What Would Happen If…All Church Locations Had Vocations

This blog entry is part of a larger series about a shared aspiration for the future of the United Methodist Church. These aspirations are framed by three things: 1) making the local church the center of our life together, 2) innovative leadership marks our future path, 2) a connectional church that is inverted for the benefit of local ministry. Over the next few months, let’s explore each of these in detail and how we might live out a new way of being Methodist.

What would happen if…we realigned all our local church real estate and other assets to reach new people through intercultural and intergenerational ministry?

When I was a child, my father made a living by flipping houses in south Los Angeles. Like every broker and contractor, he said that the three most important factors in real estate are: location, location, location. In the life of the local church, the same is true, except for one letter.

One of greatest blessings of being part of a connectional church is how we come together to think and create strategically. When it comes to where a local church is located, the primary language or culture it has, or what kind of ministry a church offers to the world, we work at it together. District Superintendents are the “missional strategist” for each district. Laity in each church maintain a sense of vision and context. Pastors serving the local church help disciple and equip people for ministry in Jesus’ Name. This is a connected work. Both our connectional system and our locations are a great asset to us. They are gifts from God to engage in vital witness and ministry of Christ Jesus.

This strategic work once came quite easily. We bought land. We planted churches. Our mission and ministry were once a dynamic force for good in the world. In the 1960’s and 1970’s Bishop Gerald Kennedy led a vision in the old Southern California-Arizona Conference for 100 churches with 1,000 members. It was a goal that was realized. (Bishop Kennedy once appeared on the cover of Time Magazine.)

In 2020, we see the legacy of Bishop Kennedy’s vision along with many others. Our United Methodist Churches dot the Western United States in an unparalleled way. While Roman Catholics and Southern Baptists outnumber Methodists in the West by membership/attendance, we have a great lead in the number of church buildings and locations worth millions upon millions of dollars.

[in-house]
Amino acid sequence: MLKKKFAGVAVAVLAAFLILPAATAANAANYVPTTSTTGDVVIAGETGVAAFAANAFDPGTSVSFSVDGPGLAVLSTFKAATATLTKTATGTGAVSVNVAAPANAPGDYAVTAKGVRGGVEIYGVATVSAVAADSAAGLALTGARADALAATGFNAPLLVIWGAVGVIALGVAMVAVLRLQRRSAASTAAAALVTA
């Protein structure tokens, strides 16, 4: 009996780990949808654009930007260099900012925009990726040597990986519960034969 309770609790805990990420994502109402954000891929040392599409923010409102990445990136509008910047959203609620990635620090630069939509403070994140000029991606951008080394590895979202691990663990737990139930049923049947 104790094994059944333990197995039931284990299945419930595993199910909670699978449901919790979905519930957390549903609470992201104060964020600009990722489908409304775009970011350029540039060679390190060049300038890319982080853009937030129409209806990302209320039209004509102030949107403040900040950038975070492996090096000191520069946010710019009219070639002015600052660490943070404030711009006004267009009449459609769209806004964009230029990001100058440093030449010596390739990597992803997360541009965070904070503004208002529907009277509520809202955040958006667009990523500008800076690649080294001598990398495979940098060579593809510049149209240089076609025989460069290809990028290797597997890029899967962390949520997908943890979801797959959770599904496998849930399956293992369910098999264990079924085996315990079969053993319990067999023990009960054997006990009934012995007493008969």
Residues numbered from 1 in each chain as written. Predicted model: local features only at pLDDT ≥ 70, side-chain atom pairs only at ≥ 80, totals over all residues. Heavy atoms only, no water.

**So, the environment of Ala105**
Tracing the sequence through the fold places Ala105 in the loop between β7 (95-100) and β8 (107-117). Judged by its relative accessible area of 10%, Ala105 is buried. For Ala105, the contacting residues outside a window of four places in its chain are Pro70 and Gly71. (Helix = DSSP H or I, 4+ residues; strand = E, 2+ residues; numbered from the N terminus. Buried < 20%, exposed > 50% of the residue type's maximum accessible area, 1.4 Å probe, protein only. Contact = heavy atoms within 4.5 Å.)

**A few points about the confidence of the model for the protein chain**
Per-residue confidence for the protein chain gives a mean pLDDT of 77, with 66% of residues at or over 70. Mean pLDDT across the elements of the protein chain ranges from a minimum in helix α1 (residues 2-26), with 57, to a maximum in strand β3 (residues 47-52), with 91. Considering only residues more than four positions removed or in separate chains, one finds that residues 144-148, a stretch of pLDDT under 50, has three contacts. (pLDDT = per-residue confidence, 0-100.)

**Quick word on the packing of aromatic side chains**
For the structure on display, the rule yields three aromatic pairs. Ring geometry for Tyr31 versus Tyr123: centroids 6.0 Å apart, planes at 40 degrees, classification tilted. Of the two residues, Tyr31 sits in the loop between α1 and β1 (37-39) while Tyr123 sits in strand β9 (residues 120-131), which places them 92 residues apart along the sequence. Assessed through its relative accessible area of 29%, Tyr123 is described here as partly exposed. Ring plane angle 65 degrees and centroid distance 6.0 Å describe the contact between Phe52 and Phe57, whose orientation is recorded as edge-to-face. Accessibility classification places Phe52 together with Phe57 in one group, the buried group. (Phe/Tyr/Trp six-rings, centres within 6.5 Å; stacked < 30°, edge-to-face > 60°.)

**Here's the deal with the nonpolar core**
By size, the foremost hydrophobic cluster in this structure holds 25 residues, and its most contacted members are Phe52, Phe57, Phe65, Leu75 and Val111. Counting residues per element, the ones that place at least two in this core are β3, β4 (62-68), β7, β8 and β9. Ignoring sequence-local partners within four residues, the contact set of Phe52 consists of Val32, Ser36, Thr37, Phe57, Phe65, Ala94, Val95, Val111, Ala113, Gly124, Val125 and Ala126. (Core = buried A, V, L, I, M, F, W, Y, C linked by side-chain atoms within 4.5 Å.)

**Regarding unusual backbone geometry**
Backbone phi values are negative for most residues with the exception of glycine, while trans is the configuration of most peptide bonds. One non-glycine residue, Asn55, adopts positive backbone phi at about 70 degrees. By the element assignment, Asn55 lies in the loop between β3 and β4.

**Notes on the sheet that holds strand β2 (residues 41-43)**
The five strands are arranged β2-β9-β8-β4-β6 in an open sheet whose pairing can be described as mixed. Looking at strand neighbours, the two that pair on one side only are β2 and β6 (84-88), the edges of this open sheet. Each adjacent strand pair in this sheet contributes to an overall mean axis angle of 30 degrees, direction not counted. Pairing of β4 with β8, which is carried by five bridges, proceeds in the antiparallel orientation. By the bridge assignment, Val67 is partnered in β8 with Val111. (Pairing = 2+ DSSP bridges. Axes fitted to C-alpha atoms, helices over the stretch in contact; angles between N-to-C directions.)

Yet, we recognize that since those days our churches are not as filled as they once were. Those many buildings we built and lands we purchased now need deferred maintenance at an unimaginable scale. Moreover, we are saddened to see so many of our once-full buildings now sparsely populated with faithful followers of Jesus. Somehow, somewhere, something changed. Are we now at a tipping point where we can no longer maintain all of this “stuff?” In my experience, we are closing more churches every year than we are starting new ones.

What would happen if we came together to create a grand vision to realign our local churches? This vision would emerge from the best local lay and clergy leadership in regionalized areas, like a circuit or mission area. Rather than a top-down process, what would happen if we could simply look at our circuits/areas and ask how we could best use our locations and assets to be relevant to the people who live there? Could we rethink “location” and “vocation” together instead of as separate things?

Imagine church facilities being used to house non-profits or NGOs. Imagine gathering spaces for discipleship and team building. Imagine transitional housing or immigrant/refugee services in conjunction with local partners at one of our locations. Imagine rebuilding and upgrading church campuses in strategic locations. Imagine spaces used for worship across generations and across cultures which would reflect the reign and rule of God in Christ. Just imagine if we worked together to look at every town, every neighborhood, and every city and asked where we need the best locations to meet the deepest spiritual, emotional, and physical needs.

Of course, when we raise the notion of rethinking our locations there is a natural anxiety that begins to rise. We fear that my church could be on the chopping block or my appointment will be at risk. This is natural. We have poured blood, sweat, and tears into all these locations.

Might we pause to think and pray not just about location, but also about vocation…our calling. What is our calling? Buildings? Land? Institutions? We should think of our calling as the mission…to make disciples of Jesus Christ for the transformation of the world. We can do this without any locations at all. So why have them? They are a MEANS to an END. All of our “stuff”, our locations, only have meaning when they are a means of accomplishing our mission.

It is time to roll out of map of our respective areas and look carefully at the people who live, work, and play there. We can then ask the question of how we align every location, every building, and our own institution to live out our vocation.

Locations with Vocation. Places for People. That is our mission.

Perhaps my dad was almost right. He was just one letter off. Vocation. Vocation. Vocation.

Next week, let’s explore team-based circuit ministry as one way we match our vocation to our location.

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